3. Diary Of A Wimpy Kid: The Long Haul
Diary of a Wimpy Kid: The Long Haul is the fourth instalment in the Diary of a Wimpy Kid film series and had its work cut out for it the moment it was announced. Fans of the franchise were outraged to learn that the main characters of the series had been recast, which led to the widespread sharing of the hashtag “#NotMyRodrick” upon the release of the movie’s first trailer.
Despite the initial negative reaction, the film’s producers were hopeful audiences would enjoy the offering. Unfortunately for them, Diary of a Wimpy Kid: The Long Haul proved a resounding failure, with even the usually easily pleased children it was directed towards being unsatisfied with it. Critics panned the movie for its juvenile humor, writing it off as significantly more abrasive and far less charming than its predecessors.
The past year or so has been hard on Amy Schumer. Not too long ago, the comic was a favorite of critics and branded as a hero to all women who have ever dreamed of rising up against society’s oppressive patriarchal regime. However, accusations of plagiarism derailed the comic’s momentum and her most recent stand-up offering The Leather Special was one even her fans were forced to admit was thoroughly bereft of laughs.
Adding to Schumer’s recent woes is the failure of her feature-length film Snatched, a farcical comedy in which she stars alongside Goldie Hawn. In the movie, Schumer and Hawn embark on an exotic getaway after the former is unexpectedly dumped by her boyfriend. While vacationing in South America, the pair is kidnapped and held for ransom. The result should be a series of at least somewhat amusing gags as Hawn and Schumer’s characters attempt to escape their captors, but viewers are instead forced to sit through a collection of worn-out, uninspired jokes listlessly churned out by the Schumer joke writing machine.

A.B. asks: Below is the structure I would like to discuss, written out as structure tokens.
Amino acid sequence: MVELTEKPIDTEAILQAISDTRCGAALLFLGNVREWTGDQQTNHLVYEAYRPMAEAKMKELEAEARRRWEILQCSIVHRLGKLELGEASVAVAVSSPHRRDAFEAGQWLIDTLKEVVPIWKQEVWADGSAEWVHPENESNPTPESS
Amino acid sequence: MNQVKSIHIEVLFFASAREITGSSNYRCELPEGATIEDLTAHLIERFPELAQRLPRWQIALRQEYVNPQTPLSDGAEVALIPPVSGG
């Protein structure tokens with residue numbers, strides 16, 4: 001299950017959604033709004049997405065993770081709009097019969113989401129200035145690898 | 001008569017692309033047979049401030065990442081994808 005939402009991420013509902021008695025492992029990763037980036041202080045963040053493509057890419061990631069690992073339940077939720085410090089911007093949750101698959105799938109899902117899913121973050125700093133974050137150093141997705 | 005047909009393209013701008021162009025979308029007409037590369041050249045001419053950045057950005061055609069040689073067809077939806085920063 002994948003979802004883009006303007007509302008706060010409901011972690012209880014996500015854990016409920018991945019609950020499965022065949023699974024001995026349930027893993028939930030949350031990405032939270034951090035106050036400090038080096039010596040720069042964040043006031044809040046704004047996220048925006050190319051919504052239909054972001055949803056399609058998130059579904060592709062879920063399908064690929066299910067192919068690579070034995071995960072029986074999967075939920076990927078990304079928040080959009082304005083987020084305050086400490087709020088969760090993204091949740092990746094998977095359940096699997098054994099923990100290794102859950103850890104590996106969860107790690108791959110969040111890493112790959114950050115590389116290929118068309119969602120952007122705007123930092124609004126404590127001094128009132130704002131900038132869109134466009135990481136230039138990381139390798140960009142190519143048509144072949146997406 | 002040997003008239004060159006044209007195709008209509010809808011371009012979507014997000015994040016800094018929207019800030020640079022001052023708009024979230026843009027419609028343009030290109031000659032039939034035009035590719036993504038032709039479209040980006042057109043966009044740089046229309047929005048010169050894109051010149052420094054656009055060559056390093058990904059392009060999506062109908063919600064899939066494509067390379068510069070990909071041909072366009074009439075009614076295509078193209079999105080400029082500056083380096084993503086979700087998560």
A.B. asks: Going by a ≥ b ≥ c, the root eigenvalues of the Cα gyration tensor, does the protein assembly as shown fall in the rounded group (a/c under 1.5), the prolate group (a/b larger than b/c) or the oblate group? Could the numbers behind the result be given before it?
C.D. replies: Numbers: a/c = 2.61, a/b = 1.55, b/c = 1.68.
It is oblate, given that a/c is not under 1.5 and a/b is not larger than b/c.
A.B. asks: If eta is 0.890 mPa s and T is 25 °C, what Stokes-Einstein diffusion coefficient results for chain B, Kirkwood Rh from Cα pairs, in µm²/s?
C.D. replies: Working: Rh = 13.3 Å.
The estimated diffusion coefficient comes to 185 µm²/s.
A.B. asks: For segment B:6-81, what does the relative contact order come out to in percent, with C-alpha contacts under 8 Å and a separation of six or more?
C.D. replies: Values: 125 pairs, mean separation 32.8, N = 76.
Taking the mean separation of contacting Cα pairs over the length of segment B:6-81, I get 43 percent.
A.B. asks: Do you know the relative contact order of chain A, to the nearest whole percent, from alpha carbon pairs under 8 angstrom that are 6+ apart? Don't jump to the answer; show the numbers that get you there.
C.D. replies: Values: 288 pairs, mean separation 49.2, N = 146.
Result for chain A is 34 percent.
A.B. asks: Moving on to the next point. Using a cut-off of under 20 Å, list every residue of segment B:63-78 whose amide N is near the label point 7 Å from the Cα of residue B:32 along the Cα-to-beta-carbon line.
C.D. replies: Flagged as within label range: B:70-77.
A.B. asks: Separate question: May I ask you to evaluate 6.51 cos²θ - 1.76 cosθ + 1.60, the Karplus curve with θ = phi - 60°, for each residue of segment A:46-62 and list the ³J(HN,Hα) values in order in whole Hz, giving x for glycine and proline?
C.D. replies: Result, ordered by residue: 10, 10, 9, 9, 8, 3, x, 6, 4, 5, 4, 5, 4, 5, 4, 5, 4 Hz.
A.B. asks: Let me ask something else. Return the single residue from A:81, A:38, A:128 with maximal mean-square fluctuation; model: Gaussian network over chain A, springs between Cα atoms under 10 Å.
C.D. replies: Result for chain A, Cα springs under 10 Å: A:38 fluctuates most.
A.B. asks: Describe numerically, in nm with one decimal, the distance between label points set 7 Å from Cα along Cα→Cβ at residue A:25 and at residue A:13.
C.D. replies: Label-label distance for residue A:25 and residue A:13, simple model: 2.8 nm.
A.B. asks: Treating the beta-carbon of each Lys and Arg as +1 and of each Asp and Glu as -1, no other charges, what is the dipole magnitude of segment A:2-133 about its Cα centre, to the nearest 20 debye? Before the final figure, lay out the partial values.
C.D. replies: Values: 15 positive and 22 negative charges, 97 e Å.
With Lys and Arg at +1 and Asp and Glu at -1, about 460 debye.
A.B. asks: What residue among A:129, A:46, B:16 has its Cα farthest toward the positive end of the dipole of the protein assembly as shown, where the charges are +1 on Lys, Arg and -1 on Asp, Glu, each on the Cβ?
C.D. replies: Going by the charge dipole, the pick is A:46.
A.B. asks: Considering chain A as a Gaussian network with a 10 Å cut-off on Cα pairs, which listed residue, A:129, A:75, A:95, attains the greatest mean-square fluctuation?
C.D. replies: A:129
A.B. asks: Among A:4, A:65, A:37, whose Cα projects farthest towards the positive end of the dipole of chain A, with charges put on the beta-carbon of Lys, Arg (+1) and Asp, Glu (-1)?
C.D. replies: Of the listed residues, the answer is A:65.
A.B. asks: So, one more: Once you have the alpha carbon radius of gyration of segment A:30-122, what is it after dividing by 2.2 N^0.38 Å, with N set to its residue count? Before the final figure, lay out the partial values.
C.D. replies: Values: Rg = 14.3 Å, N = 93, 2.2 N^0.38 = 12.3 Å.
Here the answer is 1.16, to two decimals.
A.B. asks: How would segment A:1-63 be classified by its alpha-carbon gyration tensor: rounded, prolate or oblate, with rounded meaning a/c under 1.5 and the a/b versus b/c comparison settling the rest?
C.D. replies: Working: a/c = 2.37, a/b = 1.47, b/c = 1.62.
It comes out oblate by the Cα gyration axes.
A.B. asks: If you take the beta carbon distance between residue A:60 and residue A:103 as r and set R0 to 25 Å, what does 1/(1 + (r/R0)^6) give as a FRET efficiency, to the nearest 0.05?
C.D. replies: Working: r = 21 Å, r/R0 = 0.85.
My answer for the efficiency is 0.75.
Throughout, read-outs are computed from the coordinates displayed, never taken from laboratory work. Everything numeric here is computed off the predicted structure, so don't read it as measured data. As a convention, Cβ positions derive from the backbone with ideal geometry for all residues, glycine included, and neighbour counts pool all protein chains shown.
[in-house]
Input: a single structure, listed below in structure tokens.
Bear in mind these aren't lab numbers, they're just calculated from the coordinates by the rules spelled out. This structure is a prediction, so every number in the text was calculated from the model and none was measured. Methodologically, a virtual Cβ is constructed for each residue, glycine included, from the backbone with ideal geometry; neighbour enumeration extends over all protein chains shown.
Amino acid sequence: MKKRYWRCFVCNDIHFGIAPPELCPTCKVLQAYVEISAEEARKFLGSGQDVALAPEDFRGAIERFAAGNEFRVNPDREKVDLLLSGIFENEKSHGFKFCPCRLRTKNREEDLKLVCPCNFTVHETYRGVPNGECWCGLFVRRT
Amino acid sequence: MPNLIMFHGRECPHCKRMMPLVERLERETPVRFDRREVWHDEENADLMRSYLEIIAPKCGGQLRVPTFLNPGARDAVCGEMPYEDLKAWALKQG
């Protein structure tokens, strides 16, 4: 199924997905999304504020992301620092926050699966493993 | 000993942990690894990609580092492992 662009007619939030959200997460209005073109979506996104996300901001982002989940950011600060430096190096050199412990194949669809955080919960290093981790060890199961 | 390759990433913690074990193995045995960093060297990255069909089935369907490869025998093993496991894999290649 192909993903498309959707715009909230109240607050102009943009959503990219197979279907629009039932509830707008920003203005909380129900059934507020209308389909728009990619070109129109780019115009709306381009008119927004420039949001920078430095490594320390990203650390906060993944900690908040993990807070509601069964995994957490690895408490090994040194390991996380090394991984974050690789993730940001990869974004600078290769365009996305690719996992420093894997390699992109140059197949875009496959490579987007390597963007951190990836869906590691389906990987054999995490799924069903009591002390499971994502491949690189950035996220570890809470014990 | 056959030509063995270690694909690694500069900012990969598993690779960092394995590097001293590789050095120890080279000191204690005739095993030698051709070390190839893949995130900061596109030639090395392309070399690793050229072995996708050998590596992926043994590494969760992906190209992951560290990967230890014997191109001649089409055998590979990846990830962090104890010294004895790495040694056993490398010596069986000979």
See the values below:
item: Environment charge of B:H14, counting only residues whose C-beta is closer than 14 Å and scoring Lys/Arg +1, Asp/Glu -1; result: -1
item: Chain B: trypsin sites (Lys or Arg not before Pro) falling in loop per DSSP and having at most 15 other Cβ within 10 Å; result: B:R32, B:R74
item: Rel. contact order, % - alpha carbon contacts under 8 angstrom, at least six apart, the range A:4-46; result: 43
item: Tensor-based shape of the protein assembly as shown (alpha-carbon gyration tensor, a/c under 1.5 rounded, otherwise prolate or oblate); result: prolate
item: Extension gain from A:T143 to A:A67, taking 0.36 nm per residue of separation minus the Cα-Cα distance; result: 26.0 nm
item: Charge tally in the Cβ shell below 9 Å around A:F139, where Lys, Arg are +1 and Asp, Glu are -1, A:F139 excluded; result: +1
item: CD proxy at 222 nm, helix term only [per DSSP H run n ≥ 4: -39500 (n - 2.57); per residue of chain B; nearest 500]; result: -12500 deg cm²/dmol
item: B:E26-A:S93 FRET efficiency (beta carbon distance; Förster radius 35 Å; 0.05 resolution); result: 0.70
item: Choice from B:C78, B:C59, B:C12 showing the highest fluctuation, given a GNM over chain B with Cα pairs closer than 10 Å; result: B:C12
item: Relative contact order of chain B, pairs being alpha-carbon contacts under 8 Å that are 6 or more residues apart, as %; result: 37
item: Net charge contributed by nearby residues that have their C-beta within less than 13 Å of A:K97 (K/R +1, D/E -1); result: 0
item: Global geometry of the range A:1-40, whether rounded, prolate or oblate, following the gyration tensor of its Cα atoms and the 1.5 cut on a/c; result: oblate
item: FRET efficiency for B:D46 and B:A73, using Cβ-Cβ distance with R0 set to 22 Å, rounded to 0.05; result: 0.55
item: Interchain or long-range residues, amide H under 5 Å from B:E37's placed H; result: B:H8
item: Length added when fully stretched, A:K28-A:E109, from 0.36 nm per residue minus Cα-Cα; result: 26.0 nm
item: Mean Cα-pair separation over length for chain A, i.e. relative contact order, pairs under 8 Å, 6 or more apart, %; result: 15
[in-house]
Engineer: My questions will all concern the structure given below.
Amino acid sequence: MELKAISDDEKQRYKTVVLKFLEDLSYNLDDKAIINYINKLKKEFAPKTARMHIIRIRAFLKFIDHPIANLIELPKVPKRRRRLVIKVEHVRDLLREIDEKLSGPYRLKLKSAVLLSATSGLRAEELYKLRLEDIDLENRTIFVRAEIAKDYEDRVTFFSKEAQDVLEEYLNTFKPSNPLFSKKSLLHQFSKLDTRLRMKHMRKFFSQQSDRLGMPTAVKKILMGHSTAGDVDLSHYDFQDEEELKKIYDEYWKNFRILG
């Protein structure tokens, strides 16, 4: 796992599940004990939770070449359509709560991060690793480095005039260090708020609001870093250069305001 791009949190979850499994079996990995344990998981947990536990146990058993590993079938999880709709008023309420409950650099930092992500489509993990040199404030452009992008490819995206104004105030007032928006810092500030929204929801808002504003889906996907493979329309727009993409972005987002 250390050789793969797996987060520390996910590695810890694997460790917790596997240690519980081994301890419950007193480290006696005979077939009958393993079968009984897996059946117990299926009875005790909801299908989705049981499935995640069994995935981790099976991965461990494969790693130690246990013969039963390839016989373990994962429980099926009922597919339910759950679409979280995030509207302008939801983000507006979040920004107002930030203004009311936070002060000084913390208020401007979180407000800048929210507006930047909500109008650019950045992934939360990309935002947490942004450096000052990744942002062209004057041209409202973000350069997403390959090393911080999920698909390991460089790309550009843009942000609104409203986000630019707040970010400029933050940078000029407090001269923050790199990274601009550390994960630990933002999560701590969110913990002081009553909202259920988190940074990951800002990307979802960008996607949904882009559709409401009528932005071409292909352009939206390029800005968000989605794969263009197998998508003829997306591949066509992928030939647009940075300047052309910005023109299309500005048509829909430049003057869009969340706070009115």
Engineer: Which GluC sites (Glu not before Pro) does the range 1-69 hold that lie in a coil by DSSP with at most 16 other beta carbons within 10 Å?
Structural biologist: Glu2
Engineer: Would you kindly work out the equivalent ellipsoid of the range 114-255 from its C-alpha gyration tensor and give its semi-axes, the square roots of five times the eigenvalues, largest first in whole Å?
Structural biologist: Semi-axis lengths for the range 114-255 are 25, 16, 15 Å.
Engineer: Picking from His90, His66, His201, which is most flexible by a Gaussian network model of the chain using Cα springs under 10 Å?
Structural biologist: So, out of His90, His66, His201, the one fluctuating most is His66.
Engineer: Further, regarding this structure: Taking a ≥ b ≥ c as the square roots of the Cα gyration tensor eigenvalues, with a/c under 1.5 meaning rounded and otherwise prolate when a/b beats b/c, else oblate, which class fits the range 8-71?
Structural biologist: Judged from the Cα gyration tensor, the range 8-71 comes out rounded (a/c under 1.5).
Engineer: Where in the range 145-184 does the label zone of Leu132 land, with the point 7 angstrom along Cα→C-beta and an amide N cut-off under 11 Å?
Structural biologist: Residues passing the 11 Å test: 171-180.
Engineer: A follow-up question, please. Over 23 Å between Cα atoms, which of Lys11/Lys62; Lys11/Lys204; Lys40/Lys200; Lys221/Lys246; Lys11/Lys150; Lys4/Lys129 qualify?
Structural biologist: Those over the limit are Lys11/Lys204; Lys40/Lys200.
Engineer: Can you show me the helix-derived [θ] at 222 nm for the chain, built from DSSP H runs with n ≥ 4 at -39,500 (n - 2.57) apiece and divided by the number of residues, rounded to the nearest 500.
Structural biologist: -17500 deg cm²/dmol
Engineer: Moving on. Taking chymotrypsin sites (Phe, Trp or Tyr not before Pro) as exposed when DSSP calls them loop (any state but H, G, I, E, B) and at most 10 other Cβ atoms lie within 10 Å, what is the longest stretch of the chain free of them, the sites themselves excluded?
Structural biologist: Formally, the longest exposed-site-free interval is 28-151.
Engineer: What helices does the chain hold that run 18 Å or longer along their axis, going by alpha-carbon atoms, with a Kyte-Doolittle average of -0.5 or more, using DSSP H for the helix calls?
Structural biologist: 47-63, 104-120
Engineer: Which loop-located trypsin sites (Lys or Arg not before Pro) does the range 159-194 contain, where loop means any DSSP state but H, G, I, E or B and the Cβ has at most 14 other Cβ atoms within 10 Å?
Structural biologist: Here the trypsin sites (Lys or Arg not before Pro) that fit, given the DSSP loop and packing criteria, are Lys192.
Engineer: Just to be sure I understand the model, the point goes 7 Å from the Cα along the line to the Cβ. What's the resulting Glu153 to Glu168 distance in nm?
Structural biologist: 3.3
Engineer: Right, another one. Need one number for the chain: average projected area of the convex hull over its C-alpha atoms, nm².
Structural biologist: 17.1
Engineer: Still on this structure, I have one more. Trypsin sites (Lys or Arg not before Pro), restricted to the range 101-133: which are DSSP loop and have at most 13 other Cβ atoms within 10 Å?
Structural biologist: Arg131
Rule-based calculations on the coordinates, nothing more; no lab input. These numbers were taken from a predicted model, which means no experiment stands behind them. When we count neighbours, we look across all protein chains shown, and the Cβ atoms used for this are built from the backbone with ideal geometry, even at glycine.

1. Sandy Wexler
Adam Sandler isn’t exactly known for producing the most high-brow comedies in the world, but Sandy Wexler is a let-down even for him. In the past, moviegoers could trust Sandler to deliver at least a couple of easy laughs throughout his admittedly threadbare films, but this recently released Netflix exclusive is void of even a chuckle. Viewers have been left cringing by Sandler’s silly voice and cheap gags, which are included in almost every one of his pictures but are turned up to 100 in Sandy Wexler.
Most expected Sandy Wexler to be a critical failure the moment the first trailer was released by Netflix, and, sure enough, it was. Critics have universally panned the movie for its squandering of countless big name celebrities and physical gags which were as poorly executed as their spoken counterparts. If Sandy Wexler is remembered at all beyond 2017, it will not be as a classic comedy of the Netflix era, but rather as Broadway Danny Rose for people who need to be spoon-fed their jokes.